Rupert Atkinson
Seoul

Graham Wild
18th October 2001, 06:35
Rupert I think you have just visited some bad dojo's. I mean if people are only learning Aikido to get a belt then there not really learning Aikido
You are right on the mark with what you said at the beginning of you last post the grading syllabus is just that a grading syllabus not a training aid.
As for the grading syllabus (I hope I have the right one, as I am a Yoseikan Aikidoka) it has the first 3 techniques that are taught in the Aikikai, ikkyo, irimi, and shiho, all from attacks that allow you to preform them with a little ease.
Next you show the fourth technique (nikyo) also from a simple attack, and shiho nage from the next difficulty level of attack.
Next you have to expand on your original ikkyo and demonstrate ikkyo to yonkyo as well as kote gaeshi from its basic attack, in both sitting and standing which are related. Then shiho increases in difficulty again with ryote tori, and you are to preform tenchi from its basic attack and irimi also increases in difficulty with a tsuki as the attack.
It continues on like this all the way through and it seams very logical to me, first the core Aikido techniques from there most basic attacks. Then move on to more difficult attacks while doing techniques from there most basic attacks.
This is probably the way the Aikikai teaches as well and it seams to be a logical way to teach so why not.

Jeff Hamacher
18th October 2001, 07:07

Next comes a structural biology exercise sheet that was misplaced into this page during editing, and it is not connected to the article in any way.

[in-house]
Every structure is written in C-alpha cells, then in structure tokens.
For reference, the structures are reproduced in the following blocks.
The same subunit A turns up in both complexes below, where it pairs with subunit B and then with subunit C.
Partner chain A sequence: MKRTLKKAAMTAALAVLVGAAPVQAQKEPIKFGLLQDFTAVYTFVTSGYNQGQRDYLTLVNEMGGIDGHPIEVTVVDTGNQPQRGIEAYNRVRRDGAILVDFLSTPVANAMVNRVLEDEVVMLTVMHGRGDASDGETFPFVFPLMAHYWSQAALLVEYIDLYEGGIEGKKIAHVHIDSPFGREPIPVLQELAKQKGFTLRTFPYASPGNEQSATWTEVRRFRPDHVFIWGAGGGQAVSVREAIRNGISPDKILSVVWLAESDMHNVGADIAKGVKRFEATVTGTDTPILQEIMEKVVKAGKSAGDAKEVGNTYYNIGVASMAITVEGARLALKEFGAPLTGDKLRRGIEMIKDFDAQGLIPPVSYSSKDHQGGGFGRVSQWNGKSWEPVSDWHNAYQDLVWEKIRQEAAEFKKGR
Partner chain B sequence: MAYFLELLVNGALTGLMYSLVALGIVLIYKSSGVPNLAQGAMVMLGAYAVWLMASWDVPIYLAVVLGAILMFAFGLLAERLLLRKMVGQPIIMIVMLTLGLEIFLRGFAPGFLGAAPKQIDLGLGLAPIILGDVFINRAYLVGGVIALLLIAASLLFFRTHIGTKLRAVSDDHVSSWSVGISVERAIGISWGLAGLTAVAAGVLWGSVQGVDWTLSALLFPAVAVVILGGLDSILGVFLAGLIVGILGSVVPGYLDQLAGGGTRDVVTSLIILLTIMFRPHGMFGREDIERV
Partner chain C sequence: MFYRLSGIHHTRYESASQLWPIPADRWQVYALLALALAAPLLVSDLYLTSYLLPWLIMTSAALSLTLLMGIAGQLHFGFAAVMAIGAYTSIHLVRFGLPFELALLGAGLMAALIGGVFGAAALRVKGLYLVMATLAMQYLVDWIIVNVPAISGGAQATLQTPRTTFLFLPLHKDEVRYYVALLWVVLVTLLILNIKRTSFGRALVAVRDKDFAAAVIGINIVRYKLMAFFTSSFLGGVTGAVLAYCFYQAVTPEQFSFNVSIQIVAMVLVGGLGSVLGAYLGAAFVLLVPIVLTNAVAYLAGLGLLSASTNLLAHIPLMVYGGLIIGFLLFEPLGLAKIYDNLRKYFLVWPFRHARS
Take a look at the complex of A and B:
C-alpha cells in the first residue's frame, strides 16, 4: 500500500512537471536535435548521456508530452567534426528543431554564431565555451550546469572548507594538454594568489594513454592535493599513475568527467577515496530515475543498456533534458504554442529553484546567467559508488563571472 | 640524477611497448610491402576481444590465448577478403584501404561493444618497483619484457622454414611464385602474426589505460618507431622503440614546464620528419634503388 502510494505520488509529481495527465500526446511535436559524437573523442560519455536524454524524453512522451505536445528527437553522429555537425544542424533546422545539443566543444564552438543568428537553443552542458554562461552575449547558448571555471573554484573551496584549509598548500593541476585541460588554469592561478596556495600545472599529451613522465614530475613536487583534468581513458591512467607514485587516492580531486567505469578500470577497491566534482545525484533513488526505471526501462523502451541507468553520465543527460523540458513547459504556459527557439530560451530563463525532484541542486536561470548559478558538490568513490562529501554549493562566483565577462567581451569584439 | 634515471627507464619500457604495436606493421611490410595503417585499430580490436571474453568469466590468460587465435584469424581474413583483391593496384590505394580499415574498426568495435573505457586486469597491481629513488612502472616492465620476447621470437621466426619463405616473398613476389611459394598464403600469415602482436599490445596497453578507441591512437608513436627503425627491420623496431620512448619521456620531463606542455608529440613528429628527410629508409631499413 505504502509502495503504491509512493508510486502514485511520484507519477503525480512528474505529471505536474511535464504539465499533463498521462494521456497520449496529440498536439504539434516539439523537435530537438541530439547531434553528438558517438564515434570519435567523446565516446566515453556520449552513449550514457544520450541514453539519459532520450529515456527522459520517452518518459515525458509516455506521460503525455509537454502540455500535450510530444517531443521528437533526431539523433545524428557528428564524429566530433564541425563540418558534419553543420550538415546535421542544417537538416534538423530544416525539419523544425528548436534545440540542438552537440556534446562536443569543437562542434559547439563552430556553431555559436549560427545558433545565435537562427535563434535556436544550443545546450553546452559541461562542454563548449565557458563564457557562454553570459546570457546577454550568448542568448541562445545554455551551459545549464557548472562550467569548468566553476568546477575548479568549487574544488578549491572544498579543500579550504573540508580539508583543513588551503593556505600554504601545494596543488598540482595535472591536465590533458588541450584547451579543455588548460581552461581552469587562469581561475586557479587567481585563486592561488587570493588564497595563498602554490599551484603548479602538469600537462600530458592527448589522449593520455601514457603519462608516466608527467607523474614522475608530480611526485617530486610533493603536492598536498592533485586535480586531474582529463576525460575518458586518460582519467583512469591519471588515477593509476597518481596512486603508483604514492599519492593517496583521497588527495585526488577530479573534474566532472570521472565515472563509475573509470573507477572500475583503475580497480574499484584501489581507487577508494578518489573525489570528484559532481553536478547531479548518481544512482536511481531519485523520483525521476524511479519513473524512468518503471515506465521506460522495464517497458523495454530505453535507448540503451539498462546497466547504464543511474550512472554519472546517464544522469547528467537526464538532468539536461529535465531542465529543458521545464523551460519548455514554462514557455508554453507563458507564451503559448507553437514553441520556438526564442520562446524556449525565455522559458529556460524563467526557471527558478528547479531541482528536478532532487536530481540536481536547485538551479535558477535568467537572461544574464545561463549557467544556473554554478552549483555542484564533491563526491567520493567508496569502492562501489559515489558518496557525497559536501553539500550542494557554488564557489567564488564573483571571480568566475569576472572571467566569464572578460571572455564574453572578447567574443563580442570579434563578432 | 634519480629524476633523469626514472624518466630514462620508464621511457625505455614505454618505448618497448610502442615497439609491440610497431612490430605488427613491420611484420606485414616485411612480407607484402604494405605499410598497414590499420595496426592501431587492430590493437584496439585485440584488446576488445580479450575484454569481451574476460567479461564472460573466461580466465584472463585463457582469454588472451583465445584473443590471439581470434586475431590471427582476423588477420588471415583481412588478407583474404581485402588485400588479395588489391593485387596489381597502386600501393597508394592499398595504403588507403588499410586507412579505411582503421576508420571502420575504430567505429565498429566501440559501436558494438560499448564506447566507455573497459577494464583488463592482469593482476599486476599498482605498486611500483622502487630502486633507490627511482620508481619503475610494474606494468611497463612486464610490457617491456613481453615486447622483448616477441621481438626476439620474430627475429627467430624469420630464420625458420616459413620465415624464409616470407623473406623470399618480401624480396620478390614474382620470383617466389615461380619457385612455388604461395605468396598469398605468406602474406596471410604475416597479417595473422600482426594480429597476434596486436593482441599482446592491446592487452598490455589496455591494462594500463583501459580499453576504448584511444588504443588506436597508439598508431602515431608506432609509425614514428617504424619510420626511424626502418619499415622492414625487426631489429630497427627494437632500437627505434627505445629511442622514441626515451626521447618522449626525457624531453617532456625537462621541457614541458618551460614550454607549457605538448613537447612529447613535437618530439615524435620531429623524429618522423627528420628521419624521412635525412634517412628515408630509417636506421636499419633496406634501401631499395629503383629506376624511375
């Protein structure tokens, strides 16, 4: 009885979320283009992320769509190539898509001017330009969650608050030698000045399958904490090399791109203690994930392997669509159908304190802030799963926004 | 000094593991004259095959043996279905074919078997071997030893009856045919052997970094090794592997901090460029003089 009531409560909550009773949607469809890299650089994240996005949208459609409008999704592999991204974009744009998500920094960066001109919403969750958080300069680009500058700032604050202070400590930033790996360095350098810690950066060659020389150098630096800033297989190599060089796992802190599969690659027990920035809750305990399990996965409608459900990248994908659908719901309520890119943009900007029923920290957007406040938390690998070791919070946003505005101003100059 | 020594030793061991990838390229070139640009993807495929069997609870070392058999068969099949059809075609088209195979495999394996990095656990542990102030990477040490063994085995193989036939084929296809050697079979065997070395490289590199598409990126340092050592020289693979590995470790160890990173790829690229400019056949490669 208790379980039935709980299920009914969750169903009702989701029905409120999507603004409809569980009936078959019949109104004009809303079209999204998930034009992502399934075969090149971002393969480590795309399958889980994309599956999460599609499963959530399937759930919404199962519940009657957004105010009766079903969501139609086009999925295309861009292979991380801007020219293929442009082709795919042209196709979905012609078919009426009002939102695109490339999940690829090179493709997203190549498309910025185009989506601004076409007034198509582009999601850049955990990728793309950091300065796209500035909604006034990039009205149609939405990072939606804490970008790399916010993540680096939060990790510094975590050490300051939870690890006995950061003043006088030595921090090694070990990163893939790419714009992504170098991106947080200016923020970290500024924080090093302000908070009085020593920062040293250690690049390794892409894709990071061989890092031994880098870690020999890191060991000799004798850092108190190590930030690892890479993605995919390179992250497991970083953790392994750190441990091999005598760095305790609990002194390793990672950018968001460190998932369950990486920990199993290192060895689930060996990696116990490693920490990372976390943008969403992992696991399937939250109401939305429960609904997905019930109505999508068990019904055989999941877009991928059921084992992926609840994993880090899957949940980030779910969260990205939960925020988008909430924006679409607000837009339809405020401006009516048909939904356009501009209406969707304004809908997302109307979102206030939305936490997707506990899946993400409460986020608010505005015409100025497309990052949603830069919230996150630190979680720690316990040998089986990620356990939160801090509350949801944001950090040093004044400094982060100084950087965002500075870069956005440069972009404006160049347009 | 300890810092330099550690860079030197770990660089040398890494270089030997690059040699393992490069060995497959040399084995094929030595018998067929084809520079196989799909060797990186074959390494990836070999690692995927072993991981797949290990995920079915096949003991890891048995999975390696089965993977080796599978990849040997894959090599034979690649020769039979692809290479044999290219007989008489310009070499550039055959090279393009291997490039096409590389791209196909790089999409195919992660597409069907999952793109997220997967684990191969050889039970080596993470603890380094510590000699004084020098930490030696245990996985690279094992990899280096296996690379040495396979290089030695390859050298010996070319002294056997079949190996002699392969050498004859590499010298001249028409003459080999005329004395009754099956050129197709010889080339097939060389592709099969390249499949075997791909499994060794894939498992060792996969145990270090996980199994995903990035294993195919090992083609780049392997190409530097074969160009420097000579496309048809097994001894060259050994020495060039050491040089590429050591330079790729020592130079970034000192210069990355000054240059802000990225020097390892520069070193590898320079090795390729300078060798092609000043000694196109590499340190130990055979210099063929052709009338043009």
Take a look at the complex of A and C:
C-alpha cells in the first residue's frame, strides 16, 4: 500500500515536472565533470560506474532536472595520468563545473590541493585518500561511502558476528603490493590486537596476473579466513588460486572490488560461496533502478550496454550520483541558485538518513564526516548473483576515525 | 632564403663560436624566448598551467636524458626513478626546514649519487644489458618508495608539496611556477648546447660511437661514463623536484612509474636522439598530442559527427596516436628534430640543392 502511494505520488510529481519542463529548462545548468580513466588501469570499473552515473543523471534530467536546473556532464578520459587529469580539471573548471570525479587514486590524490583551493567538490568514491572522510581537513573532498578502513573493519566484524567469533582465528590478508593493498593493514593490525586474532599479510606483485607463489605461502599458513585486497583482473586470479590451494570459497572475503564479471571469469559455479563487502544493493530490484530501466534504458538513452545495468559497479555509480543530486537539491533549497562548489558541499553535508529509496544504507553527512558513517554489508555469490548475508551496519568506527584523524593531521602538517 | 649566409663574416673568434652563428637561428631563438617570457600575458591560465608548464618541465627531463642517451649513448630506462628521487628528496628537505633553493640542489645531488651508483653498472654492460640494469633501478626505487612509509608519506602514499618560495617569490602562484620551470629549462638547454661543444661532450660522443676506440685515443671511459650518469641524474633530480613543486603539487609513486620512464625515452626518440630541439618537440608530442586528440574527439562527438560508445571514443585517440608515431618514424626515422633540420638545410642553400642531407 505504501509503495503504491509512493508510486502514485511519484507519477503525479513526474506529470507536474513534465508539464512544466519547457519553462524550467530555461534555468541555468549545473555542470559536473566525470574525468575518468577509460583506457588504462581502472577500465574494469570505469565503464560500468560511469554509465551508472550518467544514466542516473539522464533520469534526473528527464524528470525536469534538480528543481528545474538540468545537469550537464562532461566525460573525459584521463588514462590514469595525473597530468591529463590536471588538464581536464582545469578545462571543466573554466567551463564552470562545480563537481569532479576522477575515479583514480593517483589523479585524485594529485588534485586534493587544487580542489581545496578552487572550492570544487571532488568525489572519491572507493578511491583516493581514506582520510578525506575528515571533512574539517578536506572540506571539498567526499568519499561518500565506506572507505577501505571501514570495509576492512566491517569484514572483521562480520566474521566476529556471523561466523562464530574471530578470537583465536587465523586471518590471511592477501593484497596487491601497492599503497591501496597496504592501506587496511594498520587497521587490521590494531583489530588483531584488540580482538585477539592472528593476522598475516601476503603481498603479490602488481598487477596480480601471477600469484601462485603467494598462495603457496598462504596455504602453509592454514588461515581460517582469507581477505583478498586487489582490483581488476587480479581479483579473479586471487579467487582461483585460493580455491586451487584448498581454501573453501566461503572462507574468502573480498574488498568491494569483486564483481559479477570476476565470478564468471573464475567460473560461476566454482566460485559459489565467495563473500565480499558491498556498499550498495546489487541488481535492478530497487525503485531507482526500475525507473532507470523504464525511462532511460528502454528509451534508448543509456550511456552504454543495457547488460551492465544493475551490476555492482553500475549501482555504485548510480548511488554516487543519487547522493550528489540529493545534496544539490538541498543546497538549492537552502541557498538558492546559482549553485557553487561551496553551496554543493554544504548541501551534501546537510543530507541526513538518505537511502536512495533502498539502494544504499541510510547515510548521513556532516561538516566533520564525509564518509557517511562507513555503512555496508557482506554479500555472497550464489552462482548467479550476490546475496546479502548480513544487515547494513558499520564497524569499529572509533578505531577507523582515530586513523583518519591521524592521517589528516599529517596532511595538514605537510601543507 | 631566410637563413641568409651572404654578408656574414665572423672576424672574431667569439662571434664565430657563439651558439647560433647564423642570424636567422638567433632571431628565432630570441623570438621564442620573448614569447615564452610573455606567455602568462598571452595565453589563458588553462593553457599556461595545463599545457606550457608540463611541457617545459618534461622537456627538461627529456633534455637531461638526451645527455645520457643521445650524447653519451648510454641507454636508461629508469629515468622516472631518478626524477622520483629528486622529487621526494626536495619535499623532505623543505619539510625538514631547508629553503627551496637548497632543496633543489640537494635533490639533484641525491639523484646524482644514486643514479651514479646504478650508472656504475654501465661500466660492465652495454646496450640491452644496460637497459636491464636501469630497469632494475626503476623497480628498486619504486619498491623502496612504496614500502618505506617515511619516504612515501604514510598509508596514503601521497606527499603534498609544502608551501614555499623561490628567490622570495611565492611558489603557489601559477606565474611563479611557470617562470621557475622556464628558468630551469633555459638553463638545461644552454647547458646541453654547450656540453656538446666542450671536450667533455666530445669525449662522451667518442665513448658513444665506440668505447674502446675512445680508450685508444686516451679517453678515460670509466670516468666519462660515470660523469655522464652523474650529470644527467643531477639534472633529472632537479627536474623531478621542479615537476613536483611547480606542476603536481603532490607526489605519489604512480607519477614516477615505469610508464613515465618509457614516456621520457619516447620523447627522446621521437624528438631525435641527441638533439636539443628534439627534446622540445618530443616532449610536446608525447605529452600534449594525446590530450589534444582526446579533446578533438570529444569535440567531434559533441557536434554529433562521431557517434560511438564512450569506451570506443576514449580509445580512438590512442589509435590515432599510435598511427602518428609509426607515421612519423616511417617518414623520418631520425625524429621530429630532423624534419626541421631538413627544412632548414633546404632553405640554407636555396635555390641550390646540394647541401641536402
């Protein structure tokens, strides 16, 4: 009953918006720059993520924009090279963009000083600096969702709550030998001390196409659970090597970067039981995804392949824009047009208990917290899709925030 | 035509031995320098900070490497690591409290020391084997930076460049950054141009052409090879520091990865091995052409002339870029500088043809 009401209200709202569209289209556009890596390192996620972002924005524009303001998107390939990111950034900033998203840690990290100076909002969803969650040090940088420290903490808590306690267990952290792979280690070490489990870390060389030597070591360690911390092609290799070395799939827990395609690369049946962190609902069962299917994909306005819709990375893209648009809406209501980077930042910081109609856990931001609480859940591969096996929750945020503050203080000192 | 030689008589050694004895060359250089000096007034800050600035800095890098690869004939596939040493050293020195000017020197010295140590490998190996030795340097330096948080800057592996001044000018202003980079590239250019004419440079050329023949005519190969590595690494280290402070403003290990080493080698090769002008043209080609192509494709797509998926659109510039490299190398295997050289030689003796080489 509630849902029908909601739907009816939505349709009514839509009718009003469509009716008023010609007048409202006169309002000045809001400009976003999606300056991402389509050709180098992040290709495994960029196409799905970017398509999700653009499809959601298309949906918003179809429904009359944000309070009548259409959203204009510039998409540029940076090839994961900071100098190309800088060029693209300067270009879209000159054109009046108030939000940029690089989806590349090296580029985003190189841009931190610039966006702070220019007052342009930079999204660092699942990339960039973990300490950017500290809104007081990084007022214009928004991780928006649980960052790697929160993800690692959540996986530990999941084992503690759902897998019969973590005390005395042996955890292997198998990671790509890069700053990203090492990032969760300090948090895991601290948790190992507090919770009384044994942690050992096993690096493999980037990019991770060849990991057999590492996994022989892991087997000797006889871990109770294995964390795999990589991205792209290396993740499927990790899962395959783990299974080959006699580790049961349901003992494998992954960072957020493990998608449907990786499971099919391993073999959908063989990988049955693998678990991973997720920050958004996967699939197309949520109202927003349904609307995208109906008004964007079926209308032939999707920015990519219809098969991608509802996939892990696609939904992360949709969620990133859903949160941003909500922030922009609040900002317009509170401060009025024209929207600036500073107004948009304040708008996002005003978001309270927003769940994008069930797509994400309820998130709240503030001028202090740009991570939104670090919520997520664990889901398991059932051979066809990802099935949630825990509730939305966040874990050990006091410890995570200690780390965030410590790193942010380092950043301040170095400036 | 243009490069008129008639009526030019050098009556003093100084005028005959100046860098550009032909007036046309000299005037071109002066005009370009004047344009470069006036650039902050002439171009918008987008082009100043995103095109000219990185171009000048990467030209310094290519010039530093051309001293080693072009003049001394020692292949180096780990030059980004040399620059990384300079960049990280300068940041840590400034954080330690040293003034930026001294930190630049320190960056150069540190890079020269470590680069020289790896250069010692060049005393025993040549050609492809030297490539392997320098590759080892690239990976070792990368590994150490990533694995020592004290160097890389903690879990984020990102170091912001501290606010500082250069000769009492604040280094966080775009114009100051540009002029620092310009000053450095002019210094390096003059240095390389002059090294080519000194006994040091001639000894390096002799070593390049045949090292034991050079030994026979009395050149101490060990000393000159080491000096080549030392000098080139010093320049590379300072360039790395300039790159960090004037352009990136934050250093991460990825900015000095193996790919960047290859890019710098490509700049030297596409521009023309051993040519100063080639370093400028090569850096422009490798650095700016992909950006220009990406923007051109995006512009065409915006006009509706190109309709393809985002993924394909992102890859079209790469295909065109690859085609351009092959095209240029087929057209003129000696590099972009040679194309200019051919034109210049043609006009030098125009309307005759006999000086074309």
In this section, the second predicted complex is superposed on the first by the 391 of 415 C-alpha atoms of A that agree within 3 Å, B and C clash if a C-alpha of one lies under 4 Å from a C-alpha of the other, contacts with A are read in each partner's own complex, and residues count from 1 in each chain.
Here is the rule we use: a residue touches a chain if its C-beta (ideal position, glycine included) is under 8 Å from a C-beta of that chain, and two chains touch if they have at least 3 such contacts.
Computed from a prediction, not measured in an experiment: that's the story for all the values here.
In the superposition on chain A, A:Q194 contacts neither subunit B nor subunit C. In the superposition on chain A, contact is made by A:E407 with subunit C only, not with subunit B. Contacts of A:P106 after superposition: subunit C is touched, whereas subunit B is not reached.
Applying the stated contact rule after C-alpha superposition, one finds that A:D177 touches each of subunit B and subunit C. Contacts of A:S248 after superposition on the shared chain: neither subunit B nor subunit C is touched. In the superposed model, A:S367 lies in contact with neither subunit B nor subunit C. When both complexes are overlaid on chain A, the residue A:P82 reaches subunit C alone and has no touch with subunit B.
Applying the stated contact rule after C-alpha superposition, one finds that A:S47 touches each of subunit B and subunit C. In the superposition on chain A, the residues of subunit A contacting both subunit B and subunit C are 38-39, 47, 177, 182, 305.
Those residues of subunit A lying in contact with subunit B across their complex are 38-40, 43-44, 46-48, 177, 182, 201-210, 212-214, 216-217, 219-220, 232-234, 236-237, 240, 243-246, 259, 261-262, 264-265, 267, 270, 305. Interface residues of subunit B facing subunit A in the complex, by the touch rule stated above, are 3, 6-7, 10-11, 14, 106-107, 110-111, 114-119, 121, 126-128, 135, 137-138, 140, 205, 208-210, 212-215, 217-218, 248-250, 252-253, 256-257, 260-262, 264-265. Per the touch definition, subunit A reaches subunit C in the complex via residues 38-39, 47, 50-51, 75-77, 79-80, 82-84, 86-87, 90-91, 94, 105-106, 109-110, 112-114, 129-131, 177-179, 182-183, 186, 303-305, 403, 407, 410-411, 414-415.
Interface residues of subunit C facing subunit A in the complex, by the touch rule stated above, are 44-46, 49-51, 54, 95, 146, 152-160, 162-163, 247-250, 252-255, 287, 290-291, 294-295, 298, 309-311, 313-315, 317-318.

Originally posted by rupert
In what way is the Aiki syllabus illogical people ask? Does that mean everyone but me thinks it is logical? Maybe! As for me, I see no logic at all. One of my mini-enlightenments was to chuck it out as a training aid. I view it as a grading sheet only, to be brought out at a grading and used to order the students what to do, by which they are judged.
you still haven't answered the question directly, but i think that this last post gives a clear indication of what you consider to be good aikido training, and i agree with most of what you say. i think that Graham's description of progressive testing requirements is also in line with my aikido experiences.

when it comes down to it, Rupert, i think that Graham said it best: it's not the Aikikai test requirements that are at fault, it's poorly structured day-to-day teaching which may have been part of your experience in the UK. everything that you said about beginners getting exposure to a wide variety of techniques (even if at first they don't understand them) mirrors my post upthread. everybody training together means that beginners will get that exposure. if you've had teachers in the past who used the test requirements as their sole curriculum guide (or "training aid" to borrow your words) for regular teaching then i can only conclude that they were misguided in their approach. i really don't think that Aikikai or its test standards themselves are to blame for your dissatisfaction.

asiawide
18th October 2001, 16:49
BTW, what's the use of 'test syllabus'?

1. Is it for test requirements?

'Ok. you passed. Go to the next level!' ?

2. Is it a guideline of learning techniques for teachers and students?

T : 'Ah.. I should teach these things in series'
S : 'Oh.. I should concentrate on these things in series'


IMHO, rank test is so much like car driving test. It just say
that you may drive a car, but it doesn't mean that you